Fears that the new Information Commissioner could be little more than a Government patsy, brought in to water down data laws, have been partly assuaged by claims that New Zealand’s privacy chief is the leading candidate for the role.
With current Commissioner Elizabeth Denham due to step down later this year, some had suggested that Tory peer Baroness Harding might be being lined up but The Sunday Times reports New Zealand’s Privacy Commissioner John Edwards – who has held the role for over seven years – is the preferred candidate to succeed Denham.
The barrister and solicitor has worked in a number of government roles, including as legal counsel for the Families Commission, and spent 20 years providing advice, training and advocacy in all aspects of public law, with a particular emphasis on information law from 1993. He took on the role leading the New Zealand Office of the Privacy Commission in 2014.
During this time, Edwards has been an outspoken critic of social media, and deleted his own Facebook account, claiming the company had breached privacy rights in the country.
Following the 2019 attacks on two mosques in Christchurch, which was livestreamed on the platform, he reportedly took to Twitter to blast: “They (Facebook) are morally bankrupt pathological liars who enable genocide (Myanmar), facilitate foreign undermining of democratic institutions.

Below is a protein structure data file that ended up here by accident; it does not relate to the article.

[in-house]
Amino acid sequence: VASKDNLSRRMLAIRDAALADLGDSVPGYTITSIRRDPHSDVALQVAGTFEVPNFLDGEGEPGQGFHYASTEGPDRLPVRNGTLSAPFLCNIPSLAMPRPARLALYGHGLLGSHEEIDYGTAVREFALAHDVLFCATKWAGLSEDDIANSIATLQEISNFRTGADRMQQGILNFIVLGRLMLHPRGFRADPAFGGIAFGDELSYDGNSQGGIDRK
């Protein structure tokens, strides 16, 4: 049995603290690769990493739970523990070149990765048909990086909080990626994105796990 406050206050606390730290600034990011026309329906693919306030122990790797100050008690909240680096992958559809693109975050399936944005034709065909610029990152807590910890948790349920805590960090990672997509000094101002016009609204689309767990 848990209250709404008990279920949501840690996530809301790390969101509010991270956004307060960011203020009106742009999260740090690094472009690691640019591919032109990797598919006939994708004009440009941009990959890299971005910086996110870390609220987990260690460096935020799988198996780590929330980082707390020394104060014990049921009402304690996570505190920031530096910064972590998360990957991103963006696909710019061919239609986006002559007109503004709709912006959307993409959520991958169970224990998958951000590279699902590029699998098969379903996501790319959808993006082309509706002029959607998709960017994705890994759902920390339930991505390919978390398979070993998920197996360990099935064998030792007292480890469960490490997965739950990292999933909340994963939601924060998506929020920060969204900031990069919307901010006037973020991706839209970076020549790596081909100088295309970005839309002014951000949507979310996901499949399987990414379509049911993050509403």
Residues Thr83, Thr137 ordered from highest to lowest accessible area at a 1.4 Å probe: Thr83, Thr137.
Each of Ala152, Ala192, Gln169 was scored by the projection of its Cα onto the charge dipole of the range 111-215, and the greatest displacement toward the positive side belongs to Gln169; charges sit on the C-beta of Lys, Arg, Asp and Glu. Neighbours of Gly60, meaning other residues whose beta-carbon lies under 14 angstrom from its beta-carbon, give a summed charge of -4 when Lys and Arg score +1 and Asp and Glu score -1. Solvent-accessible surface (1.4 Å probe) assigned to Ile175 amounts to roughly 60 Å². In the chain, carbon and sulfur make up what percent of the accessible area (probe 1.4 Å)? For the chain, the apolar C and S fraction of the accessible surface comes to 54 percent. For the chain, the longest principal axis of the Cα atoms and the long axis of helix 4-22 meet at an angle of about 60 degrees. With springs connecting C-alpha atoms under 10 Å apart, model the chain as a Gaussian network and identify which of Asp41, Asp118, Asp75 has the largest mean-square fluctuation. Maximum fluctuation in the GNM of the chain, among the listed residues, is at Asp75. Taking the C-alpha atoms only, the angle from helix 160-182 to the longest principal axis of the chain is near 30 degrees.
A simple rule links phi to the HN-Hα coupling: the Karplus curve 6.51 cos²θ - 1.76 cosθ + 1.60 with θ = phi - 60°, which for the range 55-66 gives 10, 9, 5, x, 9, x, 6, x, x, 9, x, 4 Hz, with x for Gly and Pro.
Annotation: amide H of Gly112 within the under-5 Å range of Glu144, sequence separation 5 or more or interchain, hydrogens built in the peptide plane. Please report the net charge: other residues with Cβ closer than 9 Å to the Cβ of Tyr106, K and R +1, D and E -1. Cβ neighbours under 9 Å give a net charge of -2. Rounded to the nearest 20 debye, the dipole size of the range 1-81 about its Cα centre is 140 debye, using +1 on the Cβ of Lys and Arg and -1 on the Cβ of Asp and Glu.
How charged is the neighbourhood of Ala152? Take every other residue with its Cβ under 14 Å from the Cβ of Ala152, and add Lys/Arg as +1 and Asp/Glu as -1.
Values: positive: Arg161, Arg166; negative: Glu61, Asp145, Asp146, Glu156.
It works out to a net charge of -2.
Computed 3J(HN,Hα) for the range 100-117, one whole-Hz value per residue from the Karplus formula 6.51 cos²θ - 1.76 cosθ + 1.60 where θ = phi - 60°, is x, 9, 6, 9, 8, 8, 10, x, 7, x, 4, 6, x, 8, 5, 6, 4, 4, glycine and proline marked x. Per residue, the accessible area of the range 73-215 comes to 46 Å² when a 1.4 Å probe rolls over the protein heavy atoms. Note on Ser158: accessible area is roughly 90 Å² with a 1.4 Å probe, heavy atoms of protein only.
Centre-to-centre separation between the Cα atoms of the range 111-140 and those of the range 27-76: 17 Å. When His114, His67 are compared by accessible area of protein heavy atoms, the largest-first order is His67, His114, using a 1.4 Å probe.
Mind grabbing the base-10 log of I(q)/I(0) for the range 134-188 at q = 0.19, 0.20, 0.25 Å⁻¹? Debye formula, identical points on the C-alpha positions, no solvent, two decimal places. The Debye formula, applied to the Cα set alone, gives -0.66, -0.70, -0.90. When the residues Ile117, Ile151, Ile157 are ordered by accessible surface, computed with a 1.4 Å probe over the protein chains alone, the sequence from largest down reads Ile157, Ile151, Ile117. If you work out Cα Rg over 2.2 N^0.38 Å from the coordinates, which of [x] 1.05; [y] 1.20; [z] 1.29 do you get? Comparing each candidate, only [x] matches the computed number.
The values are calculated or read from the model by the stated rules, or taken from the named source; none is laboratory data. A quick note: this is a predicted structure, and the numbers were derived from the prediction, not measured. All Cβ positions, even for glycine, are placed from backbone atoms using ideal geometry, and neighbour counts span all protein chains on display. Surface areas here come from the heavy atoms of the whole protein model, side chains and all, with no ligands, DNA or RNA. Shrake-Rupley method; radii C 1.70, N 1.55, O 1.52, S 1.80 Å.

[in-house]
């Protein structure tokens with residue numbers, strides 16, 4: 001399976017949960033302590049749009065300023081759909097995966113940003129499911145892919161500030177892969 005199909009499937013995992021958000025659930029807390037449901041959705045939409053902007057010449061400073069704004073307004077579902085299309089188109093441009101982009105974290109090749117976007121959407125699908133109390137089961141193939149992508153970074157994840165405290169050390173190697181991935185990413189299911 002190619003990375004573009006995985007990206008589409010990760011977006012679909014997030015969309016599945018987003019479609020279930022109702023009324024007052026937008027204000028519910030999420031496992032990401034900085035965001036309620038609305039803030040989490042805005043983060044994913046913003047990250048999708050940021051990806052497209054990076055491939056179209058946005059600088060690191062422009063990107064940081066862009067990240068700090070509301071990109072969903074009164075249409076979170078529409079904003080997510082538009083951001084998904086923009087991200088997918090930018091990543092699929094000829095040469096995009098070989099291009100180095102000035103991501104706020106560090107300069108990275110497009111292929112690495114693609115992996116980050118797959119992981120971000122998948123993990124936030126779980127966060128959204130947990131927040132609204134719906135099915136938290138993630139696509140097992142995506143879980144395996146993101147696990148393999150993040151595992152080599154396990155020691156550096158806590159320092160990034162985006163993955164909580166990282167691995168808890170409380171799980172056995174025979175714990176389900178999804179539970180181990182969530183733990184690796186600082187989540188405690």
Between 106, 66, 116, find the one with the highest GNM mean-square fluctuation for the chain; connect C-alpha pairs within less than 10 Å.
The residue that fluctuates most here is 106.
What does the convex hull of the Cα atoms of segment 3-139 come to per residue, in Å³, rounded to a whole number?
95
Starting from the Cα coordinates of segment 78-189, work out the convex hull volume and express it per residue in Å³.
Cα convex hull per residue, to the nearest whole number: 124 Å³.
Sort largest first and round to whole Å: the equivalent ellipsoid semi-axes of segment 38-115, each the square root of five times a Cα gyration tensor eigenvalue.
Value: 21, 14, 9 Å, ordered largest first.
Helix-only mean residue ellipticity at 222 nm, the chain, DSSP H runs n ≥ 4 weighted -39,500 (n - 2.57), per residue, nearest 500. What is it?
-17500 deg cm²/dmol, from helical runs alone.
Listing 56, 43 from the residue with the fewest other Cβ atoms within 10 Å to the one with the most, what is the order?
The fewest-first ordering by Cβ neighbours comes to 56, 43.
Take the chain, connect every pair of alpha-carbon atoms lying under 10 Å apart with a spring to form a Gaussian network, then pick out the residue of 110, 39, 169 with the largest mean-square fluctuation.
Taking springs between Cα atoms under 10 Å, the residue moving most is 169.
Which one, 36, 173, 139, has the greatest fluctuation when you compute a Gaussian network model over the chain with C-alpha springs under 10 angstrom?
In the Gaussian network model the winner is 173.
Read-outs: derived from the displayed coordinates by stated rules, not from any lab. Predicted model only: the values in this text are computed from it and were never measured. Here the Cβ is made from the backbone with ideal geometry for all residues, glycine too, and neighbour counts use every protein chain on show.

“They allow the live-streaming of suicides, rapes, and murders, continue to host the mosque attack video, allow advertisers to target ‘Jew haters’ and other hateful market segments, and refuse to accept any responsibility for any content or harm.”
Even so, the Office of the Privacy Commission did not take any serious enforcement action against Facebook and Edwards subsequently deleted the posts, saying he had fuelled “toxic and misinformed traffic”.
According to The Sunday Times, an independent panel has selected Edwards as the preferred candidate for the UK job and he has been recommended for the role by the Minister of Digital, Culture Media & Sport (DCMS) Oliver Dowden. The appointment is awaiting the approval of Prime Minister Boris Johnson and also final, ceremonial, approval by The Queen.
If he does get the nod, it will be a big step up from his current post. The New Zealand regulator has just 34 staff, including five who are part-time, and a budget of about £3m. The ICO, meanwhile, has a staff of approximately 750, and budget of nearly £48m.
DCMS declined to comment.
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